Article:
You never know when inspiration is going to hit you. You can't really force it. It just has to happen and the rest is up to us to do something with it. I like to think of myself as an artist first, a commercial artist second. However, in order to eat and clothe myself, I've found commercial work much more monetarily satisfying.
In 1974, a book was published called "The New Industrial Parks near Irvine, California". This became the basis of inspiration for a series of work I produced during college. I knew there was some irony and detachment in what I had been photographing. Bland subjects like doorways, industrial buildings and suburban landscapes were my center of attention and I would elicit strange responses when I told people I was going off to photograph an industrial park. It wasn't until the work of Lewis Baltz was recommended to me that it really clicked and came together. I suddenly found my inspiration and I knew there was probably at least one other person on the planet who might appreciate my efforts.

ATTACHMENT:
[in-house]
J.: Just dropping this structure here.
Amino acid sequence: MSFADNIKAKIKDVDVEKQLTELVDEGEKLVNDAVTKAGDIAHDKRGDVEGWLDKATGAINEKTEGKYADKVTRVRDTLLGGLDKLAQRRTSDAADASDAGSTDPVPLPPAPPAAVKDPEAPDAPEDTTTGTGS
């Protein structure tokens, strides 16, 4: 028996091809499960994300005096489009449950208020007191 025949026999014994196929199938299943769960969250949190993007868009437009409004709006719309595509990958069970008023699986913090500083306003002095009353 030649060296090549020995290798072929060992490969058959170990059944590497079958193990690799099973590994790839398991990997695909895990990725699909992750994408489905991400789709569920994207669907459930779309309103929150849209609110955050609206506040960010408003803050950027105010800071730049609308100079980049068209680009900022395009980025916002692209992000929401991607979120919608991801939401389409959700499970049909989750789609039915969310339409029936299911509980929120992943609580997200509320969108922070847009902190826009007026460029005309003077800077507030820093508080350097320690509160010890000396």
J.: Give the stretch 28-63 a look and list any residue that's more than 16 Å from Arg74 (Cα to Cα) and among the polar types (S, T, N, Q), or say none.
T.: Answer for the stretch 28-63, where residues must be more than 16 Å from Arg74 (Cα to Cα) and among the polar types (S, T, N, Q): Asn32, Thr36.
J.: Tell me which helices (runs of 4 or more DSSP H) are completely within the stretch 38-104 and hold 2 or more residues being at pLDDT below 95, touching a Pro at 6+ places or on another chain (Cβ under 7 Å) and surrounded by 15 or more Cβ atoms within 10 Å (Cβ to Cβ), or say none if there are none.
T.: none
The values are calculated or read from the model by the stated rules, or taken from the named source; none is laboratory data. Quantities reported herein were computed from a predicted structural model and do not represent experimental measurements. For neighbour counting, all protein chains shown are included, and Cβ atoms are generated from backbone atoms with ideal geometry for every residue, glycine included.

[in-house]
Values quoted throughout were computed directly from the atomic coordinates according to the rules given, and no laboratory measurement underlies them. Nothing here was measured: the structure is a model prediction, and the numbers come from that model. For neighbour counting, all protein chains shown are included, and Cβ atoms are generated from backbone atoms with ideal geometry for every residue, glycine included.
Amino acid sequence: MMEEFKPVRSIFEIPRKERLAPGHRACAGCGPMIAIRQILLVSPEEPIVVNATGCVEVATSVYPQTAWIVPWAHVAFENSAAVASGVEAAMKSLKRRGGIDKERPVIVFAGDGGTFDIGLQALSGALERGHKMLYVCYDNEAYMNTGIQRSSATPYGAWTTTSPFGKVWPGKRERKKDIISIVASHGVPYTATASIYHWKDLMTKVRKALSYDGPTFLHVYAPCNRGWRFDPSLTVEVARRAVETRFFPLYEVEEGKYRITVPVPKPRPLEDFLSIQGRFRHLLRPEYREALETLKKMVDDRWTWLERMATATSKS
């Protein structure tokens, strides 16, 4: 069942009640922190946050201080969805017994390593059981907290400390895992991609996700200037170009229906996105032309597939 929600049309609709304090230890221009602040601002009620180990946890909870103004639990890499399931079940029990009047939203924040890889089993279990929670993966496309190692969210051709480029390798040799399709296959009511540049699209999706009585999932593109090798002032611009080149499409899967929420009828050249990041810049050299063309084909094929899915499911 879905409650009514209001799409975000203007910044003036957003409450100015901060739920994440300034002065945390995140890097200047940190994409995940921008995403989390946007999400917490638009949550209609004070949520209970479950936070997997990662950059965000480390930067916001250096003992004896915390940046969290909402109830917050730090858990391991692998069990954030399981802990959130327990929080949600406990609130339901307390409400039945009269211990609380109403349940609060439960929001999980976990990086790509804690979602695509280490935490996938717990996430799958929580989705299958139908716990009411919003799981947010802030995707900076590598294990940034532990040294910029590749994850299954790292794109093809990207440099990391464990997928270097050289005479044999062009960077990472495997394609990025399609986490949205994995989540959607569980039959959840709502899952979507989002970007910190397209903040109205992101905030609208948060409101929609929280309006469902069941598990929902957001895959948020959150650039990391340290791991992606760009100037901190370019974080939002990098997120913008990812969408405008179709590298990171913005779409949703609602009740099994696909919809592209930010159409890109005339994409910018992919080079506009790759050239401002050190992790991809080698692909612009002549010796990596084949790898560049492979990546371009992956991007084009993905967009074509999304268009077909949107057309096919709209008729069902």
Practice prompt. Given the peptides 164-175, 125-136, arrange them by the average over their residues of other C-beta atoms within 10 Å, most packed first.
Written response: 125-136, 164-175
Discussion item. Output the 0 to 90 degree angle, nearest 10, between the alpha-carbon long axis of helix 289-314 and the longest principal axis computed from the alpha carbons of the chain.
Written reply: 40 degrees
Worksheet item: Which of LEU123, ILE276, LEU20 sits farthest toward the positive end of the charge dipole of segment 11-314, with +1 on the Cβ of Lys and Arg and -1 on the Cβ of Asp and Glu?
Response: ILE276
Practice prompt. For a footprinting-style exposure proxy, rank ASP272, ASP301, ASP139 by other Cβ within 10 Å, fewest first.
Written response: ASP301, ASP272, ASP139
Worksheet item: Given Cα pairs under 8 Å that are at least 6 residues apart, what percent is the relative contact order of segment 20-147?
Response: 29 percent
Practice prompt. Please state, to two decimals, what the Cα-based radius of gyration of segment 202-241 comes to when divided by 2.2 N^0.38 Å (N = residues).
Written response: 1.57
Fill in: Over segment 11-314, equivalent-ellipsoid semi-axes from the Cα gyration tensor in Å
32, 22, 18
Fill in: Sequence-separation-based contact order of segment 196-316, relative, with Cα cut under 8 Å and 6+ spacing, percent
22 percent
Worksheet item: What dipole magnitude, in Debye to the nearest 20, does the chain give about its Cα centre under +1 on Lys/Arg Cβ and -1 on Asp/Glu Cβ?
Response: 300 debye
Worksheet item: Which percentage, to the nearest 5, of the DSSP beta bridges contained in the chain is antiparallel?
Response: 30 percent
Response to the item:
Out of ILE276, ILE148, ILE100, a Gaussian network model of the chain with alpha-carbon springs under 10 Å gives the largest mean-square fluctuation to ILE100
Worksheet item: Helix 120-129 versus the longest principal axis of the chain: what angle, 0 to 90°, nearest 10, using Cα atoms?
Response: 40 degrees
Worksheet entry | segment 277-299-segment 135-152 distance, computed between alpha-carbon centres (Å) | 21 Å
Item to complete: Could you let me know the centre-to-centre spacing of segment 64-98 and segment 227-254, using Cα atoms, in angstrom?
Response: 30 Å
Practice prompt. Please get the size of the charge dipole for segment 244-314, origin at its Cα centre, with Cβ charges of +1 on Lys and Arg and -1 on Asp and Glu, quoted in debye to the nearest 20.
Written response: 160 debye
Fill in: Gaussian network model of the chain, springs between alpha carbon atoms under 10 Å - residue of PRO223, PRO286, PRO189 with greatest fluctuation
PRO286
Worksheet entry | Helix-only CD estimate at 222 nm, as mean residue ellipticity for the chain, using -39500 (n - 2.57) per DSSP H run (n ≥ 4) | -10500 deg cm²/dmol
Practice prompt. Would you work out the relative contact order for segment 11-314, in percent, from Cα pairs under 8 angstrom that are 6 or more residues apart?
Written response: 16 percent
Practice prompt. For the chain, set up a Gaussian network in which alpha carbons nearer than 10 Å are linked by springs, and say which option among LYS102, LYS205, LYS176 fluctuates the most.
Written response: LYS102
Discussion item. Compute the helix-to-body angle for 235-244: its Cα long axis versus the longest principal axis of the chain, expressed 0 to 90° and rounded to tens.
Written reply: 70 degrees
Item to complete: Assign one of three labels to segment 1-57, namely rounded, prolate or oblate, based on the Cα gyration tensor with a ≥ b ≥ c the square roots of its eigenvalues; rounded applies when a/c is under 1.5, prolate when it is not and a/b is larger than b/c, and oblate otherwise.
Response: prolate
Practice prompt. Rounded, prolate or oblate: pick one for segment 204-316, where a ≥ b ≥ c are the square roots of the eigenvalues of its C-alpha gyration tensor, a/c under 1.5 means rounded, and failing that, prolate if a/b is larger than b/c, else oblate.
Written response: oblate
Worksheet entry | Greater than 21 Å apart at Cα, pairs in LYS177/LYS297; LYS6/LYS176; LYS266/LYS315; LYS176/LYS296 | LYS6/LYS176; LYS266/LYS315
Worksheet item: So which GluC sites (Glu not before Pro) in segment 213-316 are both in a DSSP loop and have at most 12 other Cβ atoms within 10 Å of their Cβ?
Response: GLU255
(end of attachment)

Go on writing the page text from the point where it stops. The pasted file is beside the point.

In 1975, Lewis Baltz was one of 8 artists selected for an exhibition at the International Museum of Photography called "The New Topographics: Photographs of a Man-Altered Landscape." By studying these styles, I began to come up with my own visions. Instead of focusing on the buildings within the landscapes, the buildings themselves became the landscape, often focusing on a single wall. Already stark and cold subject matter to begin with, these industrial buildings became the perfect palette for me to distill a three-dimensional world into a two-dimensional one.
Working with my Sinar 4x5 camera, every image was highly intentional. As anyone who's worked with large-format knows, there's nothing spontaneous about it. Each exposure is highly planned and produced. Every image became more about the lines of the building and more minimal as I progressed. The images I made during that time are some of the favorites I've ever produced. Who knew you could make cool art in an industrial park on a Sunday morning? Thanks, Lewis. I'm getting inspired again...